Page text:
Techland: 'Dead' Rising
CEO Pawel Marchewka explains how the compromises of Dead Island led to the triumph of Dying Light, and what that means for the company's future
Last year was a pivotal moment for Poland's national games industry. CD Projekt continued its irresistible rise with The Witcher 3, stealing most of the headlines and Game of the Year awards in the process. And Techland released Dying Light, which raised the bar far beyond what it had achieved with Dead Island - an IP it created, but that Deep Silver owns - to become perhaps the best zombie game since Valve's Left 4 Dead.
Now, Dying Light has entertained more than 8 million players - a figure that clearly delights Techland CEO Pawel Marchewka, even if it doesn't quite surprise him. "We were counting on big numbers, because Dead Island was pretty popular," he says when we meet at Digital Dragons. "Dying Light is just so much the better game. We would have been surprised if it did worse than that."
If Dying Light eventually proved to be a victory for Techland, at first it looked very much like a defeat. The Dead Island franchise had achieved huge success from relatively humble beginnings, and after the first game and a standalone expansion, Dead Island: Riptide, there was no doubt that Deep Silver wanted a sequel. Ultimately, though, it decided to find a new studio to move the franchise forward: Yager Development, which was dropped from the project last year.
"The number of elements we would like to have in our control has just constantly increased over the last few projects"
"Being at the point we are now, looking back, it was a very good thing," Marchewka says of Deep Silver's choice to part ways with Techland. "At that moment we felt maybe it was a bad decision for us. We had just built a great IP. and then that IP was moved to somewhere else... It was a good thing, but we didn't know that yet."
Techland did know one thing, though: Dead Island wasn't the best zombie game it could make, thanks in no small part to the difference between its own ideas and those of its publisher. Marchewka points to the "acradey" and "exaggerated" tone of the two games on which it worked as an example of Deep Silver's influence. The spectacularly misjudged promotional statue for Riptide - a bloodied, disembodied female torso clad only in a bikini - was another.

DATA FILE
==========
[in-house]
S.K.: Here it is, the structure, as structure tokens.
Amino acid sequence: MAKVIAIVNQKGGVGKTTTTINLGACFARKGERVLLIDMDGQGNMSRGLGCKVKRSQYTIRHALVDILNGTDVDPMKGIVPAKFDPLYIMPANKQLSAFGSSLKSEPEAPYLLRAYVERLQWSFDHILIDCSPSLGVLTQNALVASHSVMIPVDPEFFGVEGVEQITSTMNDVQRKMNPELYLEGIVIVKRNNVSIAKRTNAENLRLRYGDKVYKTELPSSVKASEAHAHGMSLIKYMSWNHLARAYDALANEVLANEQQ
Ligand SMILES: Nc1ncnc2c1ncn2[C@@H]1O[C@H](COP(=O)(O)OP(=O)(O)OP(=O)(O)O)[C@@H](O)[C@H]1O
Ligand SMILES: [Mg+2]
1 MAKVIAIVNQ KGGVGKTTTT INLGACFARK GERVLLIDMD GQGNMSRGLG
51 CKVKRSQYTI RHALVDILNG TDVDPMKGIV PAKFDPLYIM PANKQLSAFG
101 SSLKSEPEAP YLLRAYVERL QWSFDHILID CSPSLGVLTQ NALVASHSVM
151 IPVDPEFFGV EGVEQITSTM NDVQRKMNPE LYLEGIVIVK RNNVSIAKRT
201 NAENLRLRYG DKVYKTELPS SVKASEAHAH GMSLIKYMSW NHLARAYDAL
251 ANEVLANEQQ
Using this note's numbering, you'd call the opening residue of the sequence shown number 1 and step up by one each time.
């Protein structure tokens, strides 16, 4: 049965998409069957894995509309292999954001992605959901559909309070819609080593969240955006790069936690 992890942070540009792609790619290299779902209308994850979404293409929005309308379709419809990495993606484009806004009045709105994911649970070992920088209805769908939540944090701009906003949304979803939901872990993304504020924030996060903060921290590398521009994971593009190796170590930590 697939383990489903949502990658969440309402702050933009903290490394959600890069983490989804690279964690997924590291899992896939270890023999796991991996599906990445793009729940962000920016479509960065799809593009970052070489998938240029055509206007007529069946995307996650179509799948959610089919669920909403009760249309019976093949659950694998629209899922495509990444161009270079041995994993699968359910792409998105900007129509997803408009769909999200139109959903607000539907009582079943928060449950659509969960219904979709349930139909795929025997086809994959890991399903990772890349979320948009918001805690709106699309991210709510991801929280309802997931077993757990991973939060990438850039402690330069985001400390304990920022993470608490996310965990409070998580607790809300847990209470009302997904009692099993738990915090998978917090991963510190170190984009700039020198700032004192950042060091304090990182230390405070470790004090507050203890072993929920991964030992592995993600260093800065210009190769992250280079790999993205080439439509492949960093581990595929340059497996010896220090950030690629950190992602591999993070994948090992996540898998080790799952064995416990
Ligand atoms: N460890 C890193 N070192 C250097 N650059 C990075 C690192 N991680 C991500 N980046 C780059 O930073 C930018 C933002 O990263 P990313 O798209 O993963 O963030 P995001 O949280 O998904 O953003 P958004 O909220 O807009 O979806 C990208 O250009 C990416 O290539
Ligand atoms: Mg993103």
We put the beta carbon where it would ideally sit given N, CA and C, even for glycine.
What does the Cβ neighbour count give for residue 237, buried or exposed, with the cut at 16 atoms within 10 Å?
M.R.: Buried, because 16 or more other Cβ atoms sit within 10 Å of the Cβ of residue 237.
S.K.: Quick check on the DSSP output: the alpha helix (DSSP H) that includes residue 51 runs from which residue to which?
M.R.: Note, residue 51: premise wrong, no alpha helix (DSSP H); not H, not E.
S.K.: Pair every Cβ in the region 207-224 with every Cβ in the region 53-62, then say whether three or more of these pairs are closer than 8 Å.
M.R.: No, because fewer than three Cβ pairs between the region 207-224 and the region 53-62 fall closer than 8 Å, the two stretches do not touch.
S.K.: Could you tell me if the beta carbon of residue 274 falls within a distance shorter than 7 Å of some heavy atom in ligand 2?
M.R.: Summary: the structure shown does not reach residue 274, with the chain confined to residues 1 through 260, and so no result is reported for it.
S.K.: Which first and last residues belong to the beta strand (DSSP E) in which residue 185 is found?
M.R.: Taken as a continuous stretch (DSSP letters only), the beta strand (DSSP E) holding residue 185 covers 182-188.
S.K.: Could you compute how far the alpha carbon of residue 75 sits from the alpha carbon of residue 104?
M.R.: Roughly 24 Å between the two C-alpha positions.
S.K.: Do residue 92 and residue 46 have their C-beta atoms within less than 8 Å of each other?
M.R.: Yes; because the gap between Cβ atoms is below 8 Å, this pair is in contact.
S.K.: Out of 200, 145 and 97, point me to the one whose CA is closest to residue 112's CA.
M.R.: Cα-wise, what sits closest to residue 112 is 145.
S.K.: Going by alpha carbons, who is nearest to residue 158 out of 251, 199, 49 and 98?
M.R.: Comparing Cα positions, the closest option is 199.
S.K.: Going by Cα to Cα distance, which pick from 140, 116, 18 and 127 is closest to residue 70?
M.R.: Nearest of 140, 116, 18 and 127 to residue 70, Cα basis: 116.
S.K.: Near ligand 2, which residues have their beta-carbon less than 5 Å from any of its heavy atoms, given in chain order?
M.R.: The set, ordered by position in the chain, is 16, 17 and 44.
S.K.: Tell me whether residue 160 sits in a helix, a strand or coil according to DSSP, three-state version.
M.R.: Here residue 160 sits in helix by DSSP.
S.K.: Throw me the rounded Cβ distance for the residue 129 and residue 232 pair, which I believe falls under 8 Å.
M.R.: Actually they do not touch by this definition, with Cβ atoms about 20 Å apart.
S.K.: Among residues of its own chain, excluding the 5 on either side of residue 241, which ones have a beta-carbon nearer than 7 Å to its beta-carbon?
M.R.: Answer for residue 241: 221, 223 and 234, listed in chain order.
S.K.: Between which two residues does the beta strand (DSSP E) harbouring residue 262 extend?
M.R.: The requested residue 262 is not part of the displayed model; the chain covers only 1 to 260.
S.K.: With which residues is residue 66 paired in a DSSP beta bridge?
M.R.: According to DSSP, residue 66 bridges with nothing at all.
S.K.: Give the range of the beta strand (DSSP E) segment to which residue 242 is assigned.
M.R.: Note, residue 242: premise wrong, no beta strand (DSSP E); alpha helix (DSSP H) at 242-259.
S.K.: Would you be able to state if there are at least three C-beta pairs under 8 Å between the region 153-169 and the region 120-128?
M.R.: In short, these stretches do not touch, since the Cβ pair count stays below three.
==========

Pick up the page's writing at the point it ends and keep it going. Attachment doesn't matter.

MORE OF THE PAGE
The split from Deep Silver, Marchewka says, "allowed us to create what we wanted, without the influences and changes from the publisher." Techland's time on the Dead Island IP didn't sour its opinion of working with publishers, but it did add, "to the number of elements that we have to be careful with. We have to be in control, and the number of elements we would like to have in our control has just constantly increased over the last few projects."
Chief among them was the ability to communicate with its own players in each territory, something that Warner Bros. Interactive allowed as Dying Light's publisher. That direct relationship informed several key decisions that now seem integral to the game's eventual success: moving the release date from 2014 to the start of 2015, for example, or axing development of Xbox 360 and PlayStation 3 versions to concentrate on the new generation of consoles.
The fact that Dying Light reached 8 million players, Marchewka says, is a result of such choices. "That doesn't include illegal players," he adds, though it does include second-hand sales. "We know, roughly, how many more are playing [illegally], and it's a big number. It's a big number. We estimate it, safely, about half of that [8 million], additionally... Next time, if we do the marketing right, maybe they will buy it from us, and not steal it."
"We know, roughly, how many more are playing illegally, and it's a big number. It's a big number"
The Following, Dying Light's expansion pack, very much falls into line with this way of thinking. Though it was widely praised by critics and represented a substantial amount of new content, Techland gave it away for free to everyone who purchased Dying Light's season pass. "Those people would probably be the first to buy it, but we wanted to give it away as a thanks for their early support," Marchewka says. "The numbers were good and we were happy - so why not? If they enjoy it and it makes them happy, maybe they will continue to buy the Dying Light brand in the future... Exceeding expectations is the way to do it with your original game, so that should be the way to do it with the DLC."
Techland has two AAA projects currently in development - one of which is a new IP - and it recently launched a publishing division. Marchewka expects to hire 100 new employees before the end of 2016, despite the studio already being larger than he ever imagined it would become. "I'm saying 100 people more because we need it," he says, "so probably when we're 500 people we'll still be looking for another 100."
However much more Techland grows, though, its future will be defined by a greater degree of independence and control. "I think we will go in the direction of publishing ourselves. Obviously we need distributors in different territories, but the PR and marketing is definitely something we would like to control; to make sure every single aspect is in the direction the product is going; to make sure that the communication with the players is honest."